On November 11, 1918, American troops began returning home from the European trenches of WWI after the Allies and Germany signed the Armistice of Compiègne. Despite the horrors young servicemen experienced overseas they were not allowed to drink alcohol on U.S. soil.  Seven days after signing the Armistice, Congress passed the Temporary Wartime Prohibition Act banning the sale of liquids with an alcohol content greater than 1.28%. The following January Congress ratified the 18th Amendment to the Constitution, which banned the sale of alcohol. In October 1919, Congress passed the Volstead Act, which enforced the new Amendment by establishing a legal definition for intoxicating liquors and introducing severe penalties for producing, selling, and purchasing alcohol. This Federal Act also made it illegal to carry even an empty pocket flask on the streets. The 18th Amendment, known as Prohibition, officially took effect in 1920 and was not repealed until 1933, when Congress passed the 21st Amendment.  During the height of the government’s crackdown on alcohol production and consumption, Sousa composed his musical humoresque, “The Mingling of the Wets and the Drys,” which highlighted America’s two opposing views of Prohibition. However, during its planned premiere performance at the Ocean Grove Auditorium in New Jersey on July 10, 1926, numerous moralist groups called for a boycott of the concert if Sousa did not remove the humoresque from the concert program.  This exhibit examines the fallout of the first performances of “The Mingling of the Wets and the Drys” and illustrates the effects of America’s 18th Amendment on John Philip Sousa and his Band during the country’s roaring 1920s.

Samuel S. Stewart and America’s Banjo, Sousa Archives and Center for American Music, University of Illinois at Urbana-Champaign, October 10, 2018 – January 2, 2020.

Samuel S. Stewart (1855-1898) was born in Philadelphia on January 8th, the son of Dr. Franklin Stewart, and at a very early age took a keen interest in banjo performance after hearing Lew Simmons (b. August 28, 1837) perform “Bell Chimes” at Philadelphia’s Eleventh Street Opera House.  Unhappy with the quality of music that was taught by Dobson and Rickett, Stewart opened his own music school and banjo company in one room on Philadelphia’s 833 Race Street in 1878, and began to elevate the banjo from its lowbrow minstrel legacy to become an iconic symbol of American middle-class gentility.  Stewart is frequently credited with the modernization of America’s banjo.  However, today he is not recognized as a technological innovator but rather a master salesman who excelled at advertising his instruments and teaching methods.  Between 1878 and 1898 Stewart produced and distributed across the country hundreds of promotional broadsides and brochures, catalogs, instruction books, short stories about banjo legends, treatises on banjo construction, a dissertation on the instrument’s history, and perhaps his most significant contribution, the monthly S.S. Stewart’s Banjo and Guitar Journal which was published continuously between 1882 and 1892.  This exhibit documents Stewart’s legacy as one of America’s leading makers of banjos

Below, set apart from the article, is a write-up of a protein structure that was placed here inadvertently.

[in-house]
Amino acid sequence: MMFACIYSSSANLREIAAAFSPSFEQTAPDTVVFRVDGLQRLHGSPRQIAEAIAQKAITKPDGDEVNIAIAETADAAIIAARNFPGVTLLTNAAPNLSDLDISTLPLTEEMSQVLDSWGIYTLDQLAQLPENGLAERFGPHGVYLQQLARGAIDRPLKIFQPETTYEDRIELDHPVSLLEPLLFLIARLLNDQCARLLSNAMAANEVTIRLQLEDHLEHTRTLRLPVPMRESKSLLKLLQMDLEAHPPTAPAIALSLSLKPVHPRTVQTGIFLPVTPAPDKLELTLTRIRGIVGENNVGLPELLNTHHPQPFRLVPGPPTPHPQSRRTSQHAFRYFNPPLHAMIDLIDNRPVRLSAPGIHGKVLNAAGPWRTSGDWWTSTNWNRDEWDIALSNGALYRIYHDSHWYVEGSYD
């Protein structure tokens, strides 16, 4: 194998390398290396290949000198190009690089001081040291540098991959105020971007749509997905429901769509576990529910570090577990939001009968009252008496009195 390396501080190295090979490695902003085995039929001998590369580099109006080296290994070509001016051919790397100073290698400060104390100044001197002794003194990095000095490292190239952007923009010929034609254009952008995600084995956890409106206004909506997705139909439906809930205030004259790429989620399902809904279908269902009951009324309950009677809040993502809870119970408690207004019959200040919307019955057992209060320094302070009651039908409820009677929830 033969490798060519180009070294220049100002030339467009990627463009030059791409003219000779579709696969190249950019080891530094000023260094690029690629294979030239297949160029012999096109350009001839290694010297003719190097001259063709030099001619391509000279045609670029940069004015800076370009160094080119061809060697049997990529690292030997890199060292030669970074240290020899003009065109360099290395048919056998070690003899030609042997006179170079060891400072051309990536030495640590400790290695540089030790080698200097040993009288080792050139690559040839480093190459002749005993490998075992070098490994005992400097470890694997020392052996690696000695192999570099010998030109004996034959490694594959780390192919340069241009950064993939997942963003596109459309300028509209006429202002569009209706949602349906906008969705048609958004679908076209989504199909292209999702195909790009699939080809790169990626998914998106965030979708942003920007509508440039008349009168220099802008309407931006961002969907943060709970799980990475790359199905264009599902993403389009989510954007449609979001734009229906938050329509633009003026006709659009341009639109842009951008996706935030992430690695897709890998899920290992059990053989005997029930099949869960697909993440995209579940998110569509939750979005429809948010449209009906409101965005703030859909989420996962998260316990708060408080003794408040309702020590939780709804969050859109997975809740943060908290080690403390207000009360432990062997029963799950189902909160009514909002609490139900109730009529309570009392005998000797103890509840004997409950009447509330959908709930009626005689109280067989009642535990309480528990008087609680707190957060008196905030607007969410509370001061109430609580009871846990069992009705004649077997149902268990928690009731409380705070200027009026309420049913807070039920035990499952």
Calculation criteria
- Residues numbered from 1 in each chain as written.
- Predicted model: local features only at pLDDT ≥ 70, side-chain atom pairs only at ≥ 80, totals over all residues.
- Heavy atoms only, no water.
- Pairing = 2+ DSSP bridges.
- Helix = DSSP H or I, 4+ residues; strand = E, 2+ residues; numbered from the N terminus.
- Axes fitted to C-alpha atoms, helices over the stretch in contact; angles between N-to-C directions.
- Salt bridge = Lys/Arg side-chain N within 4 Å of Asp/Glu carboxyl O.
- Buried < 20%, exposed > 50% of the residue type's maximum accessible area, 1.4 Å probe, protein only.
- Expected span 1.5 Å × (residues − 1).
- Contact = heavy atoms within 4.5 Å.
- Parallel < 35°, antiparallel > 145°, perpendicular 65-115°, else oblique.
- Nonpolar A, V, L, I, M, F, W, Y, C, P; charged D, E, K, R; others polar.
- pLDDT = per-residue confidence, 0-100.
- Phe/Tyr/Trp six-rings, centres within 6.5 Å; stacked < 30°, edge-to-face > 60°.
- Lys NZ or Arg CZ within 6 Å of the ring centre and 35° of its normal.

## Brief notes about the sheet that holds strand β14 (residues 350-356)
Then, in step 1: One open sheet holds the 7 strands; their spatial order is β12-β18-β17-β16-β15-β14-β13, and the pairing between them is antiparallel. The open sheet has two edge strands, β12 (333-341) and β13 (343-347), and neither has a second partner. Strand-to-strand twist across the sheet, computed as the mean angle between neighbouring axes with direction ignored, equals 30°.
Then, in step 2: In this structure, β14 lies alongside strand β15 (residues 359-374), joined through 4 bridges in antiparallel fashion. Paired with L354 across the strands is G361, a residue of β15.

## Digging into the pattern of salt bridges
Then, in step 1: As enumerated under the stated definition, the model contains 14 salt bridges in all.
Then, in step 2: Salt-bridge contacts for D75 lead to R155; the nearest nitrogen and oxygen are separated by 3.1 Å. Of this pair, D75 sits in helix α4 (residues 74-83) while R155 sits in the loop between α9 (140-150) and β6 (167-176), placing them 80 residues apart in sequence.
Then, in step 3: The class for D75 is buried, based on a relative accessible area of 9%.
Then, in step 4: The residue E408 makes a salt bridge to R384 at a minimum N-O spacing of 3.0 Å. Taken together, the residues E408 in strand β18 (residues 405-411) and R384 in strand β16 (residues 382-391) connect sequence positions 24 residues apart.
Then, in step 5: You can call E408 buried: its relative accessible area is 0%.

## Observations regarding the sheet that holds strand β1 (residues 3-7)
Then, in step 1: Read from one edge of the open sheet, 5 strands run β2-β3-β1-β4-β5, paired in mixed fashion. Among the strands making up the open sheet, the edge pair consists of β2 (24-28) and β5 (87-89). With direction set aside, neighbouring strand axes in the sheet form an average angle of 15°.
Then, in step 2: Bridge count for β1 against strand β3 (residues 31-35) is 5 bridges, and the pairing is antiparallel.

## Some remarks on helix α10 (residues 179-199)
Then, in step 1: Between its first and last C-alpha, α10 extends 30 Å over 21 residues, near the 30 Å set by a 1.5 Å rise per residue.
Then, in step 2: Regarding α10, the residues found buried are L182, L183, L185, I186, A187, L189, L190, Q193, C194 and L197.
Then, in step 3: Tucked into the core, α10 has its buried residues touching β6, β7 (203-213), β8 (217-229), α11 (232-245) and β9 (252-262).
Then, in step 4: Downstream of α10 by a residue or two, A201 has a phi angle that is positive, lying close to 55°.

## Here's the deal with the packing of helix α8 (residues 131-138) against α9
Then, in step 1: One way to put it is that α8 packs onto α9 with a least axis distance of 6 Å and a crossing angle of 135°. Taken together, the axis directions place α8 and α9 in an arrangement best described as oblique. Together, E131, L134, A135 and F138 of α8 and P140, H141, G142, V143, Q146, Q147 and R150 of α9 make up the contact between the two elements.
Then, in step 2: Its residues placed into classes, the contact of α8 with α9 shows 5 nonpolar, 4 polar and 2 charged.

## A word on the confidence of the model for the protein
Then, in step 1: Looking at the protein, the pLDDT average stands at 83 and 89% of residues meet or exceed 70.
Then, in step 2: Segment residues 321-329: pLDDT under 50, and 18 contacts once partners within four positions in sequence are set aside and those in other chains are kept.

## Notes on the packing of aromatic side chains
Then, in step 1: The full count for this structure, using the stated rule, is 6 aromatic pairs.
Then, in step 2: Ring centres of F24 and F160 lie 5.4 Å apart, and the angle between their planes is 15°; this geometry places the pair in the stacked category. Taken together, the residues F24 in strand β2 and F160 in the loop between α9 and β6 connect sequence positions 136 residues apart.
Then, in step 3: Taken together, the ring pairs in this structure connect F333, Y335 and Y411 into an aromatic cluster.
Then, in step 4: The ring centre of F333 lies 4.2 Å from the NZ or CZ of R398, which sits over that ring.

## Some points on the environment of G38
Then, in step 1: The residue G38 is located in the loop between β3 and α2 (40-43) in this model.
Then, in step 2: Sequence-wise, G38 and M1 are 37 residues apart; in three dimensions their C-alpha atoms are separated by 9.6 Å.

James Beauchamp and the Harmonic Tone Generator, Sousa Archives and Center for American Music, University of Illinois at Urbana-Champaign, September 22, 2015 – January 31, 2019.

James W. Beauchamp earned his bachelor’s and master’s degrees from the University of Michigan in 1960 and 1961, and in 1965 he graduated from the University of Illinois with a PhD in electrical engineering. While a student at Illinois he worked closely with his mentor and composition professor Lejaren Hiller, and created one of America’s first voltage-controlled electronic music synthesizers called the Harmonic Tone Generator (HTG). The HTG was used in several different electronic music projects produced at the University of Illinois during the 1960s and 70s including Salvatore Martirano’s Underworld.  After graduating from Illinois he joined their electrical engineering faculty, and by 1969 had earned a joint appointment in the electrical engineering and music departments.  Between 1969 and 1973 Beauchamp served as director of the School of Music’s Experimental Music Studios (EMS), and as director of the Computer Music Project (CMP) between 1984 and 1993.  In the fall of 1993 Beauchamp and Sever Tipei became co-managers of CMP.  This exhibit documents through photographs, stories, scientific reports, and audio recordings the early development of the HTG at the University of Illinois.